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Re: Generated RDF conformant with good practise?

From: Thomas B. Passin <tpassin@comcast.net>
Date: Wed, 15 Sep 2004 22:04:49 -0400
Message-ID: <4148F4C1.5040900@comcast.net>
To: www-rdf-interest@w3.org

Howard Katz wrote:

> My XQuery script takes this particular book and programmatically produces
> the following RDF/XML:
> <?xml version="1.0" encoding="UTF-8"?>
> <rdf:RDF xmlns:bibterm="http://www.book-stuff.com/terms/"
>          xmlns:dc="http://purl.org/dc/elements/1.0/"
>          xmlns:rdf="http://www.w3.org/1999/02/22-rdf-syntax-ns#">
>     <rdf:Description rdf:about="http://www.book-stuff.com/bib">
>         <bibterm:book>
>             <rdf:Description>
>                 <bibterm:year>1994</bibterm:year>
>                 <dc:title>TCP/IP Illustrated</dc:title>
>                 <bibterm:author>
>                     <rdf:Description>
>                         <bibterm:last>Stevens</bibterm:last>
>                         <bibterm:first>W.</bibterm:first>
>                     </rdf:Description>
>                 </bibterm:author>
>             </rdf:Description>
>         </bibterm:book>
>     </rdf:Description>
> </rdf:RDF>

I don't think this is really quite what I would look for, Howard.  The 
reason is that you are saying that a "bib" has one (or more) "book" 
properties.  While this is feasible, I don't think it models what most 
of us think of in this regard.  We think that a bibliography (I assume 
that is what "bib" is supposed to be) contains or describes books.  The 
books are really resources to be described, not properties of the bib.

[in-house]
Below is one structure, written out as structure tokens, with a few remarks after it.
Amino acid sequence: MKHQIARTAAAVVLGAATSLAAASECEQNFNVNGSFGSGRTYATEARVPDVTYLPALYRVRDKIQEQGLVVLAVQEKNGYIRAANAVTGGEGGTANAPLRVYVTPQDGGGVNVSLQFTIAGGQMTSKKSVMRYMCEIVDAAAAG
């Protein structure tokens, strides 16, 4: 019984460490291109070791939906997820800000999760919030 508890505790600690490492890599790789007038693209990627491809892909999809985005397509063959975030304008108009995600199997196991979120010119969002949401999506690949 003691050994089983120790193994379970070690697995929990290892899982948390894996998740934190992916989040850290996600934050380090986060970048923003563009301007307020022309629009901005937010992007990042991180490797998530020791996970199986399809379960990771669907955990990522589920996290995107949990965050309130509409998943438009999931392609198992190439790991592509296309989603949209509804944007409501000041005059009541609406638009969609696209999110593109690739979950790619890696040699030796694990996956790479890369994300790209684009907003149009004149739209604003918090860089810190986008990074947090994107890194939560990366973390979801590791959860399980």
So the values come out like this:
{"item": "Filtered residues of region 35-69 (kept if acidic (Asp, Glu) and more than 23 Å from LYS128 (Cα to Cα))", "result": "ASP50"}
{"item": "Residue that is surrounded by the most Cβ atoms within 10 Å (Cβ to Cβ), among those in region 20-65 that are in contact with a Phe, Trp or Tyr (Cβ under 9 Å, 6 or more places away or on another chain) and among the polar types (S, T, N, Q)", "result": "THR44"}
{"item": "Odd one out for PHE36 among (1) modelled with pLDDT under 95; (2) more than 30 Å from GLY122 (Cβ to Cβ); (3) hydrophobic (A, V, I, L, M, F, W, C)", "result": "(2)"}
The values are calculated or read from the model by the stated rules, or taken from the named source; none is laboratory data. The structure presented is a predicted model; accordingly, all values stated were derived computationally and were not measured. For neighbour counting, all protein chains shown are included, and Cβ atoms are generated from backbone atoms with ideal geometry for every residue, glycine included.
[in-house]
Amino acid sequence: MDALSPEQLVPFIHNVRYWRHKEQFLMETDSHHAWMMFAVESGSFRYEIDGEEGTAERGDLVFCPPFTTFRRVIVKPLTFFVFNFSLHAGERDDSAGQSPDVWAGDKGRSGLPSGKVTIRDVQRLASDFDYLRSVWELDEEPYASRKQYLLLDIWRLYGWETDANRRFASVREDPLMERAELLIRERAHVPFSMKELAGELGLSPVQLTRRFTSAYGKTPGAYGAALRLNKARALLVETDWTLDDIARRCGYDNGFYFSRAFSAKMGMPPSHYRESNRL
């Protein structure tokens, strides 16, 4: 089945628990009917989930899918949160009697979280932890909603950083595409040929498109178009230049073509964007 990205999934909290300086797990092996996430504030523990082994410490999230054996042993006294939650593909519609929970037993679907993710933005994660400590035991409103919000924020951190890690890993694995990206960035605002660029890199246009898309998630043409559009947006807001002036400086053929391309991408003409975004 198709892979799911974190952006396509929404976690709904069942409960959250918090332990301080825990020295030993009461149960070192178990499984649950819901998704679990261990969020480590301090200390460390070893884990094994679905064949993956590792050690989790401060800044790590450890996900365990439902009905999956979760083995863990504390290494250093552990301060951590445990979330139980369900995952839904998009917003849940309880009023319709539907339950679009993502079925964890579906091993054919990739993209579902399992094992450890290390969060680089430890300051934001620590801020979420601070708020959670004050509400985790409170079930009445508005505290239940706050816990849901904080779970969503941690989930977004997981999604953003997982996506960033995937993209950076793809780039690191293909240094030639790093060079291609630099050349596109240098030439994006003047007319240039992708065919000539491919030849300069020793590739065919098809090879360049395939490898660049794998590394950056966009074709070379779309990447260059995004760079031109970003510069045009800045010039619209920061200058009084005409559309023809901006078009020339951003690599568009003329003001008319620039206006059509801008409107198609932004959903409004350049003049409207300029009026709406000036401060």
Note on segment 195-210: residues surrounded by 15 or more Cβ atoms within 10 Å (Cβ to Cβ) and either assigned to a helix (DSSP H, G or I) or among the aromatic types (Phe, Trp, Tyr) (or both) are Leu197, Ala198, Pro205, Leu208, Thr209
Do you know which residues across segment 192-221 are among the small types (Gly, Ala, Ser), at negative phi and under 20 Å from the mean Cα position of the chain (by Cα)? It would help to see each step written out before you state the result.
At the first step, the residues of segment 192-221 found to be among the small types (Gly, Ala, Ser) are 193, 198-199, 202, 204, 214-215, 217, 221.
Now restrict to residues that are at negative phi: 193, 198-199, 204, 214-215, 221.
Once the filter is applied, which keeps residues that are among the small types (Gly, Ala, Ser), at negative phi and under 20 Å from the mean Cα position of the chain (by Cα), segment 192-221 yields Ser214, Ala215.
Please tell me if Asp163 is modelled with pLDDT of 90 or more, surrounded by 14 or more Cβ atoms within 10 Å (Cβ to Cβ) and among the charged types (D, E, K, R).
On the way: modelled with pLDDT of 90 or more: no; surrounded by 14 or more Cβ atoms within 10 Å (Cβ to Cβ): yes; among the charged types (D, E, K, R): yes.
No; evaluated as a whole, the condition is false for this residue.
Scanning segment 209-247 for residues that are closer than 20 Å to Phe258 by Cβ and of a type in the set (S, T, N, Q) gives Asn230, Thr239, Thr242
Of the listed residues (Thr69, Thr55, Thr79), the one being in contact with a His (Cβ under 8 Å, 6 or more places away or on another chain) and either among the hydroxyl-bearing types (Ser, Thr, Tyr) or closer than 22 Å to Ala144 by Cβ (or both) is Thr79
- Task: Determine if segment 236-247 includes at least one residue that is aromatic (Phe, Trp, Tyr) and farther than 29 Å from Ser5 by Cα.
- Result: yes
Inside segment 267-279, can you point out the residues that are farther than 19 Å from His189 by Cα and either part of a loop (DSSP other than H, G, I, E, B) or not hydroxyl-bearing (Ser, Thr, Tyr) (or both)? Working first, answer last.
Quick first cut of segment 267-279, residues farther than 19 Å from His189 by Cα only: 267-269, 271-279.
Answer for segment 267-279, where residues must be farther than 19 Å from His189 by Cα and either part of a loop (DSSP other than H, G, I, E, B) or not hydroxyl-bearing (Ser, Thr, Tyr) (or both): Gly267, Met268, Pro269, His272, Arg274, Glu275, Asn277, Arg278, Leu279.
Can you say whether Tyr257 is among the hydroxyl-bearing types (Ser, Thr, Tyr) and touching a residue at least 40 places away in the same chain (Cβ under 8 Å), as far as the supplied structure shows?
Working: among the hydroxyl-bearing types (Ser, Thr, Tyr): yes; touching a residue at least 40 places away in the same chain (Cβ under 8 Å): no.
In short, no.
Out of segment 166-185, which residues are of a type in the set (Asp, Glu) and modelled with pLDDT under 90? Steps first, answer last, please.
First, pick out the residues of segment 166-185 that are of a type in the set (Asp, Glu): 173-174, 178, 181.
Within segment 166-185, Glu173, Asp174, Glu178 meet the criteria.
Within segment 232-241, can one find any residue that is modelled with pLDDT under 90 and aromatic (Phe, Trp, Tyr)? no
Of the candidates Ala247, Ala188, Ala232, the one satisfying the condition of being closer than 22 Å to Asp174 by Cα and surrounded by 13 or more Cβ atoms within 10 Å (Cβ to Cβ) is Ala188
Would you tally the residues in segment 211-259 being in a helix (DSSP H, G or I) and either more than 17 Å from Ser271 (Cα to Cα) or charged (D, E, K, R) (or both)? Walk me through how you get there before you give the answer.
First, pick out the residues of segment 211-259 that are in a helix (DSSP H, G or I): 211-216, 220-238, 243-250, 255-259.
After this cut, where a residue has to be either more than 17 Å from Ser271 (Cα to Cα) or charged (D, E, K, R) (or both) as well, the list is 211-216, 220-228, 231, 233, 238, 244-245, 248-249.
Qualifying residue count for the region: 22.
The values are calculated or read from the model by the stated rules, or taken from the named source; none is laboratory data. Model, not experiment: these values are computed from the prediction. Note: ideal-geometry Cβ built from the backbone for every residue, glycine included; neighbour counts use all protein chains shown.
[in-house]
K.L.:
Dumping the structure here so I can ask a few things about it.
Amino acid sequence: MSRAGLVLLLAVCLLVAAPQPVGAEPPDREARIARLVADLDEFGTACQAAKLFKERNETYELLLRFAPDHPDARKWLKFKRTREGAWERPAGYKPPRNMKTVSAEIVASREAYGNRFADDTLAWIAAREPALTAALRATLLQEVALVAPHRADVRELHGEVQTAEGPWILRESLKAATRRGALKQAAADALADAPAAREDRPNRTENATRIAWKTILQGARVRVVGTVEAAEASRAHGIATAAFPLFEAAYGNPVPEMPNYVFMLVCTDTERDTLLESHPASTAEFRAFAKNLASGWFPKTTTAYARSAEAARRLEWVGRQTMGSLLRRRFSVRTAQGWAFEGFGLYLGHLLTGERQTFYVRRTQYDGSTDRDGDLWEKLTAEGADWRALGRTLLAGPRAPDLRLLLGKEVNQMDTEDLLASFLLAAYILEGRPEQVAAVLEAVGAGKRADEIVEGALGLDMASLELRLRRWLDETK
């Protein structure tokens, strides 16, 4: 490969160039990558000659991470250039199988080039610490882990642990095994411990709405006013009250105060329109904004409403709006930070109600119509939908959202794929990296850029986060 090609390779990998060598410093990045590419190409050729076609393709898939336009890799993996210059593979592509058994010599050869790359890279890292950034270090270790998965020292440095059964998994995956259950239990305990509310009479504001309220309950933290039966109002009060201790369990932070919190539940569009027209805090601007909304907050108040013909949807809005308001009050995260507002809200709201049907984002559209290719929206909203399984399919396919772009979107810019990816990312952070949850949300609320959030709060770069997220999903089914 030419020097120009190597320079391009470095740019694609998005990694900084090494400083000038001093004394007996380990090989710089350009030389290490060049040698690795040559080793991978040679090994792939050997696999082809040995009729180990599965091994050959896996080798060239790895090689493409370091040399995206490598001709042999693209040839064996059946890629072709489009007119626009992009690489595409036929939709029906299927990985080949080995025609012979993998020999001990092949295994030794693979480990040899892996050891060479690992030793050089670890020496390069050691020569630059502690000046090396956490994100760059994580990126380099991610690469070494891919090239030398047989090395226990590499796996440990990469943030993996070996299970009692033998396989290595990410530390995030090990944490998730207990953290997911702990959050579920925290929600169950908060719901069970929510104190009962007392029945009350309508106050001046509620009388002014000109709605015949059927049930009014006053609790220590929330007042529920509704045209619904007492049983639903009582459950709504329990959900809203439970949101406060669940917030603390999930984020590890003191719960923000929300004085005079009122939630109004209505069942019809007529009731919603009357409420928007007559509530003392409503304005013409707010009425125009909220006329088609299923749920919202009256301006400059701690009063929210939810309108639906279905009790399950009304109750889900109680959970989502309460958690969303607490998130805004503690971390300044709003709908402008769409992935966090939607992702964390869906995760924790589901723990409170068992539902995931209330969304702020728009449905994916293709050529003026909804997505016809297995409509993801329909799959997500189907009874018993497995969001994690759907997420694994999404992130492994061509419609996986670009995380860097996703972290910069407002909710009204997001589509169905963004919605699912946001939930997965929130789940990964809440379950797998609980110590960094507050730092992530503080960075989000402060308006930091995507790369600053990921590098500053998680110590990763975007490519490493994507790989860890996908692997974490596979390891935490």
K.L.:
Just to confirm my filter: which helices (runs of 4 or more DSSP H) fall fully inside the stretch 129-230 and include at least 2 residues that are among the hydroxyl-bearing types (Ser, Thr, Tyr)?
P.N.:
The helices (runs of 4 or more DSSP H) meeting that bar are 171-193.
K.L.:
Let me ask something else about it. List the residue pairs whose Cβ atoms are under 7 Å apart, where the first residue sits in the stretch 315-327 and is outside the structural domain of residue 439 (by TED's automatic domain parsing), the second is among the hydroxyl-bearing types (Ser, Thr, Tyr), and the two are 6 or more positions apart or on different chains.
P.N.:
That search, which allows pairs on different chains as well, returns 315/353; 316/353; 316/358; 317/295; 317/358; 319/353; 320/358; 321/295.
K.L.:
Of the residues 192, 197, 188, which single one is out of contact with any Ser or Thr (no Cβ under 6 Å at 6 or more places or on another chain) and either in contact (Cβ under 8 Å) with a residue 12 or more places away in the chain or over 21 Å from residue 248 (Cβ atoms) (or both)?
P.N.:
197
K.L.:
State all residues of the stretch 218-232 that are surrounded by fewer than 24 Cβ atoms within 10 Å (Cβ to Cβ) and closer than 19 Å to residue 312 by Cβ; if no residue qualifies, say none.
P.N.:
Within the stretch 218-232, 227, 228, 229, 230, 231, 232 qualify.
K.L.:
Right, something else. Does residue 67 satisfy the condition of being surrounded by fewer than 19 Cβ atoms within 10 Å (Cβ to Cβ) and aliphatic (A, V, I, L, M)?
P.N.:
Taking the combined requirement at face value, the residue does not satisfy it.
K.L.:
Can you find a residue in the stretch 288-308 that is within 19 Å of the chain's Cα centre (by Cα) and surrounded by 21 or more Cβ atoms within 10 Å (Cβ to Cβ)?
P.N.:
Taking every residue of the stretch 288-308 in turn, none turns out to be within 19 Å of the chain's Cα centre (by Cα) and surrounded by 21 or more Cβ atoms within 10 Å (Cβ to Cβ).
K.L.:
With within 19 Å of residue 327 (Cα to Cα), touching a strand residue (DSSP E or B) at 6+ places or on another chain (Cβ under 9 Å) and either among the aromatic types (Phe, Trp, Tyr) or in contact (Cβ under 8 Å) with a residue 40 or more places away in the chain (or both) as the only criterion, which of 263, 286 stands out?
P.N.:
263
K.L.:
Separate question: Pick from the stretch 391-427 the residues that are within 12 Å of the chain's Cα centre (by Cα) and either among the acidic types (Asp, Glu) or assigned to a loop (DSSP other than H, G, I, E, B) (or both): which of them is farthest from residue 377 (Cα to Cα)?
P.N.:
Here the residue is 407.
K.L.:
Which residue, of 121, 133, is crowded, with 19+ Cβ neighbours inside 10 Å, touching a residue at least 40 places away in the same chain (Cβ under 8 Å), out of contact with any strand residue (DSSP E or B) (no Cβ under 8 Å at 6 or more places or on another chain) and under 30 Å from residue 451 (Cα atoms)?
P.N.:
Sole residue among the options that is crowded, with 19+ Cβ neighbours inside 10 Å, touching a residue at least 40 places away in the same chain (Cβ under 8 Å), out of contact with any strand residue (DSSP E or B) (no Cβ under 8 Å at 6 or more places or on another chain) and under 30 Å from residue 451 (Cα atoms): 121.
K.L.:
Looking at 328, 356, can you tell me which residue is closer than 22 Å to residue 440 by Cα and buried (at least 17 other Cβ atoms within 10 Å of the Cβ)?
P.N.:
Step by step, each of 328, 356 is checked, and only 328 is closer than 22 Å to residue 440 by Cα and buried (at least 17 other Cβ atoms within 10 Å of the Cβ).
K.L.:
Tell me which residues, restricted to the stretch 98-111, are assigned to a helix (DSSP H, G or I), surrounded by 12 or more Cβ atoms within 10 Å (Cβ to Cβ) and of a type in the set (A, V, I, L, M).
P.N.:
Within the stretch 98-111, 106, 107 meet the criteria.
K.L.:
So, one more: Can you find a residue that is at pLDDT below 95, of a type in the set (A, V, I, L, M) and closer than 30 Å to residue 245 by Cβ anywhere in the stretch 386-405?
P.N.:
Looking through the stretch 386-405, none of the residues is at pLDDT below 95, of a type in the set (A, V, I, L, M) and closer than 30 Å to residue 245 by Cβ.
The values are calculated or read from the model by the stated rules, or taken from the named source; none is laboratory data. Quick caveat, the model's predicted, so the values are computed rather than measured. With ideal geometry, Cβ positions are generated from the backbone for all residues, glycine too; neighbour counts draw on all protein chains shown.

This is a typical kind of situation that prevents automatic translation 
of arbitrary xml.  In this case, there is a missing layer that would if 
present state what the relation is between a bib and a book.  Since it 
is missing, you have to supply it.  That is basically a little data 
modeling task you have to do.

Conversely, if you start out trying to design your xml document to be 
legal rdf, the exercise may help you understand better what you are 
trying to model.

Of course, upon more reflection, you may decide that a bib should indeed 
have "book" properties after all.  Then that part is ok the way you have it.

You also have another problem, because normally a "bib" element in the 
source should turn into a *type* (or class) called "bib", but you have 
it turning into an instance.  It is unlikely that is what you really 
want to do.  You need to come up with a unique uri that identifies the 
specific bib in question.

If you take this approach, your rdf would come out more like this 
(notice that there are alternatives to using rdf:Description that can be 
a bit more readable) -

<?xml version="1.0" encoding="UTF-8"?>
<rdf:RDF xmlns:bibterm="http://www.book-stuff.com/terms/"
    <bibterm:bib rdf:about="http://www.book-stuff.com/bib/bib2501">
       <bibterm:contains> <!-- explicit relation added -->
             <dc:title>TCP/IP Illustrated</dc:title>

It is very enlightening to use the w3c rdf validator and set it to show 
you just the graph. This makes it much easier to pick up cases like this 
where you have created a property that you really want to be a 
(non-property) resource.


Tom P

Thomas B. Passin
Explorer's Guide to the Semantic Web (Manning Books)
Received on Thursday, 16 September 2004 02:02:15 GMT

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